On Why Bike Lanes Might Appear Underutilized

EUMobilityWeek1We hear complaints that bike lanes are underutilized.

This might be true, or it might appear to be true and not be true.

Let’s think about the traffic physics of this.

Elements of Access: Transport Planning for Engineers, Transport Engineering for Planners. By David M. Levinson, Wes Marshall, Kay Axhausen.
Elements of Access: Transport Planning for Engineers, Transport Engineering for Planners. By David M. Levinson, Wes Marshall, Kay Axhausen.

Imagine there is a lane of traffic full of cars, say a flow (Q) of 500 vehicles per hour, going very slowly, an average speed (V) say 5 km/h because of congestion, traffic signals, unloading trucks, and the like. The lane will appear full, because the density is high. Density (K) is vehicles per km, and the relationship between flow, density, and speed is given by Q=KV or K=Q/V. In this example, the density is 100 vehicles per km, or about  10 vehicles every 100 m, or 10 m between vehicles, which is a pretty high density. Not quite jam density (minimum vehicle spacing, maximum vehicles per km, on the order of 150), but close.

Imagine there is a parallel lane for bicycles. They are traveling at 20 km/h. The spacing is one bicycle every 40 m, or a density of 25 bicycles per km. Yet the flow is an identical 500 vehicles per hour (Q=KV). The lane looks one fourth as full (even less, because bicycles take up much less space than cars), but serves just as many vehicles as the crowded lane.

Now of course the bike lane is narrower than the car lane, so if we were to look at bicycles per square meter, accounting for a car lane of 3 m (typically 3.65m, but narrower in cities) and a bike lane of 1.5 m, we only need a density of one bicycle every 80 m to get the same flux (flux is flow accounting for the width of the lanes and vehicles). One bicycle every 80 m is about 1 bicyclist per block at a given time. In contrast that congested  lane of cars has at least 8 vehicles in it for the same length block.

(I realize I should evaluate person throughput rather than vehicle throughput. For illustration, I am assuming 1 person per motor vehicle, which is a bit pessimistic, in practice it is closer to 1.1 for work trips and 1.5 all day).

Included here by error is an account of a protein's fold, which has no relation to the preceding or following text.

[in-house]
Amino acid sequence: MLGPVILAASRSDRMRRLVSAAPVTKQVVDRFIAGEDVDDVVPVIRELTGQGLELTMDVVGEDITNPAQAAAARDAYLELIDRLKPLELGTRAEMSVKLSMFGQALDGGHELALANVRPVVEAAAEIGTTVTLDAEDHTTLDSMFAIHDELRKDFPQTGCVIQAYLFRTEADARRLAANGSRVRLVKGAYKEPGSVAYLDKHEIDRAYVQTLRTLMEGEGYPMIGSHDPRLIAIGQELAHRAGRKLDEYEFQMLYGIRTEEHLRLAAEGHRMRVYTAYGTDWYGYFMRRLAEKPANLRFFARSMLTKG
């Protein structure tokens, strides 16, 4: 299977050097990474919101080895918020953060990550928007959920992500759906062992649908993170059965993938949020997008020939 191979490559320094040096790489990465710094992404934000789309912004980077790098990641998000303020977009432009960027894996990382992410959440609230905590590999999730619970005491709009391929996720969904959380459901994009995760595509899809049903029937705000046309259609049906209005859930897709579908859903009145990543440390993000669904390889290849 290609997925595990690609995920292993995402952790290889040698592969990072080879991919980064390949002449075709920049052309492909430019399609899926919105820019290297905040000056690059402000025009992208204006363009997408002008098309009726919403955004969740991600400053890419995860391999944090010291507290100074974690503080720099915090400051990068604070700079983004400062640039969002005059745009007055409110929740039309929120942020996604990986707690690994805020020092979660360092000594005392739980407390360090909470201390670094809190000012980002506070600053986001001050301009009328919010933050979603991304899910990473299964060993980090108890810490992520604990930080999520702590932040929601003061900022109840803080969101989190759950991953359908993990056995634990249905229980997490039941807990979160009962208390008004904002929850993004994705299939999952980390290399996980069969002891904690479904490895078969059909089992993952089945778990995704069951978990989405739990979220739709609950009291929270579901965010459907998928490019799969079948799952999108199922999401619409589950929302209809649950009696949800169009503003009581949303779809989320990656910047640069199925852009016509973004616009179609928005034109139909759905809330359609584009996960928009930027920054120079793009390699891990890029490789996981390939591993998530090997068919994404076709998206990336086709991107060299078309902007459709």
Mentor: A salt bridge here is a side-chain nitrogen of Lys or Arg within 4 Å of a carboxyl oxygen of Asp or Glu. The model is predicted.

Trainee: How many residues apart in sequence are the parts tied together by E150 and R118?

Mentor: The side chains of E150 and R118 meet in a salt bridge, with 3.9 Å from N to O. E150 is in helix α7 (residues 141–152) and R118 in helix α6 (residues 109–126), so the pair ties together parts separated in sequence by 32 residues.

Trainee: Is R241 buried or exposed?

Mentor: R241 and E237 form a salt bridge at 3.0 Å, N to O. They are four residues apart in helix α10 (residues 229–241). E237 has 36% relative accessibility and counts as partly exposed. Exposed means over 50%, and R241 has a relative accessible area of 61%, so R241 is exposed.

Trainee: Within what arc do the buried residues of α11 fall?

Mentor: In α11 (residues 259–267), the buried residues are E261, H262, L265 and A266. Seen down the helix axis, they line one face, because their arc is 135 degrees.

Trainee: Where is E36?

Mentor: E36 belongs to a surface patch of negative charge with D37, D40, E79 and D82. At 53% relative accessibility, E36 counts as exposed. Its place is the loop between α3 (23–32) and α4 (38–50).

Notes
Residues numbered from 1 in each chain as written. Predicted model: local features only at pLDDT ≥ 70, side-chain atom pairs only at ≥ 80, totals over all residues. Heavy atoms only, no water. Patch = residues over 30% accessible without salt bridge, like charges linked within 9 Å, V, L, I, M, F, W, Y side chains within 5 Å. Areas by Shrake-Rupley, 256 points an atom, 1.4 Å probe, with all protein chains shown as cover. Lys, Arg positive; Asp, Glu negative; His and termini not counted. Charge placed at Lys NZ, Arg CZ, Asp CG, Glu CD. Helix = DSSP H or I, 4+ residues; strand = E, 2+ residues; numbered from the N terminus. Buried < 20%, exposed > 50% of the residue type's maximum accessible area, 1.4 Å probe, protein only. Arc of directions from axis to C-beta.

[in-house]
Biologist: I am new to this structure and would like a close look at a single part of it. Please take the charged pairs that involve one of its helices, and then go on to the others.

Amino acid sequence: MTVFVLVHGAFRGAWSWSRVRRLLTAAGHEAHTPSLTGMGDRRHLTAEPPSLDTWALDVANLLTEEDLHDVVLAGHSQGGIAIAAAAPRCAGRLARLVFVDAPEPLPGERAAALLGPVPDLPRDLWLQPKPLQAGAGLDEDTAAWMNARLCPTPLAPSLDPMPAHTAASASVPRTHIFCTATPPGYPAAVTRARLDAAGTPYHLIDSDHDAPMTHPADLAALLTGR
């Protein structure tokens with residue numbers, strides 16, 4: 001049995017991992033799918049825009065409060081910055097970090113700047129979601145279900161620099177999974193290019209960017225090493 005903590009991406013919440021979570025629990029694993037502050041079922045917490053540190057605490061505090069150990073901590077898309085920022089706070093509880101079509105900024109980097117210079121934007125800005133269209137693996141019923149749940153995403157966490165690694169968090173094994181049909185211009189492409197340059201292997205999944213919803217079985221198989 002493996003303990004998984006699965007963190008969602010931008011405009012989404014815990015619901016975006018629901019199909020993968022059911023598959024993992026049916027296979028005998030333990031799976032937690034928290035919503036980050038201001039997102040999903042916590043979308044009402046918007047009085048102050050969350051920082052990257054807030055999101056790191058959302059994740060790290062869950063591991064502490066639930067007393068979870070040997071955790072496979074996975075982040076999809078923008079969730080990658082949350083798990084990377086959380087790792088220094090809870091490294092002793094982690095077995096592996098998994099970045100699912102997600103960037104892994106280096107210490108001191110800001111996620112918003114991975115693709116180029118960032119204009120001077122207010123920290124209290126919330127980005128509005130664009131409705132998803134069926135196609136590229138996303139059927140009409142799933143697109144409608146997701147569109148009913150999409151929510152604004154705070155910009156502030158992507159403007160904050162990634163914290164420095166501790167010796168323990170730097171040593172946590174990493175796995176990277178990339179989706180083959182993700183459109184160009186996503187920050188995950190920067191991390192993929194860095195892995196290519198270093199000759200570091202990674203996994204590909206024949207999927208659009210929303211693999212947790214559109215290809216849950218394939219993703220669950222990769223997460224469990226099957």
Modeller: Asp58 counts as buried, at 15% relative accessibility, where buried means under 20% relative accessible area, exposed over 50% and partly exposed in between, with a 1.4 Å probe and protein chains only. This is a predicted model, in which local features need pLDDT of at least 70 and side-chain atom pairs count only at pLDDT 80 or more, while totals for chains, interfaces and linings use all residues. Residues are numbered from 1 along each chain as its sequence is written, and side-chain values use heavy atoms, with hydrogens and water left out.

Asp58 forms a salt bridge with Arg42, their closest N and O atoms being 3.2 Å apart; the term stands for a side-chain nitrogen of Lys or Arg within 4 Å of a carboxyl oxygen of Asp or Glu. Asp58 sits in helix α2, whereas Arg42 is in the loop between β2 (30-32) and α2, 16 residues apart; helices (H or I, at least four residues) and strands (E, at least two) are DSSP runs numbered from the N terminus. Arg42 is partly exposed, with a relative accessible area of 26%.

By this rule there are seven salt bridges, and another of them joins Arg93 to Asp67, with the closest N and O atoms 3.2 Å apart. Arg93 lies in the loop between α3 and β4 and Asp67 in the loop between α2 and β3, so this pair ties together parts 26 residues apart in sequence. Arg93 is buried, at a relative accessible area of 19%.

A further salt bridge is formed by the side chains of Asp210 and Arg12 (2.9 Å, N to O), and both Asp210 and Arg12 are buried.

Now, I am not saying the bike lane has 500 bicyclists per bike lane per hour (or the road has 500 vehicles per lane per hour). Most have fewer. Your kilometerage may vary.  It doesn’t have to. The alternative use of the lane may have been storing cars. They have a speed of zero and a flow of 0, and a pretty high density (roughly 150 vehicles/km) for being unproductive.

Furthermore performance in terms of flow (or flux) isn’t the only question at hand. Safety is important too, and bike lanes are typically safer for bicyclists than riding in traffic, and sure feel safer.

Autonomous vehicles and the shortest path

We have given a number of reasons that autonomous vehicles will reduce congestion.

“In particular, vehicle automation, once it gets critical mass, should greatly increase road capacity, both because of shorter following distances and because of narrower lanes. New, narrow vehicle forms designed for a single passenger (which is how most cars are used) will become more widespread with automation, as safety fears diminish, and will also increase person throughput.”

Example of Route Detecting and Comparison of Alternative Paths

I have thought of one more reason autonomous vehicles will reduce traffic congestion. Currently most drivers do not take the shortest path (though we don’t really know why that is so, we have speculations). If we take humans out of the navigation decision, cars will be more likely to find the shortest path. This may not be system optimal, but will be a significant improvement over current routing decisions.

Not only should we not let people drive, we probably shouldn’t let them route themselves if we want an efficient system.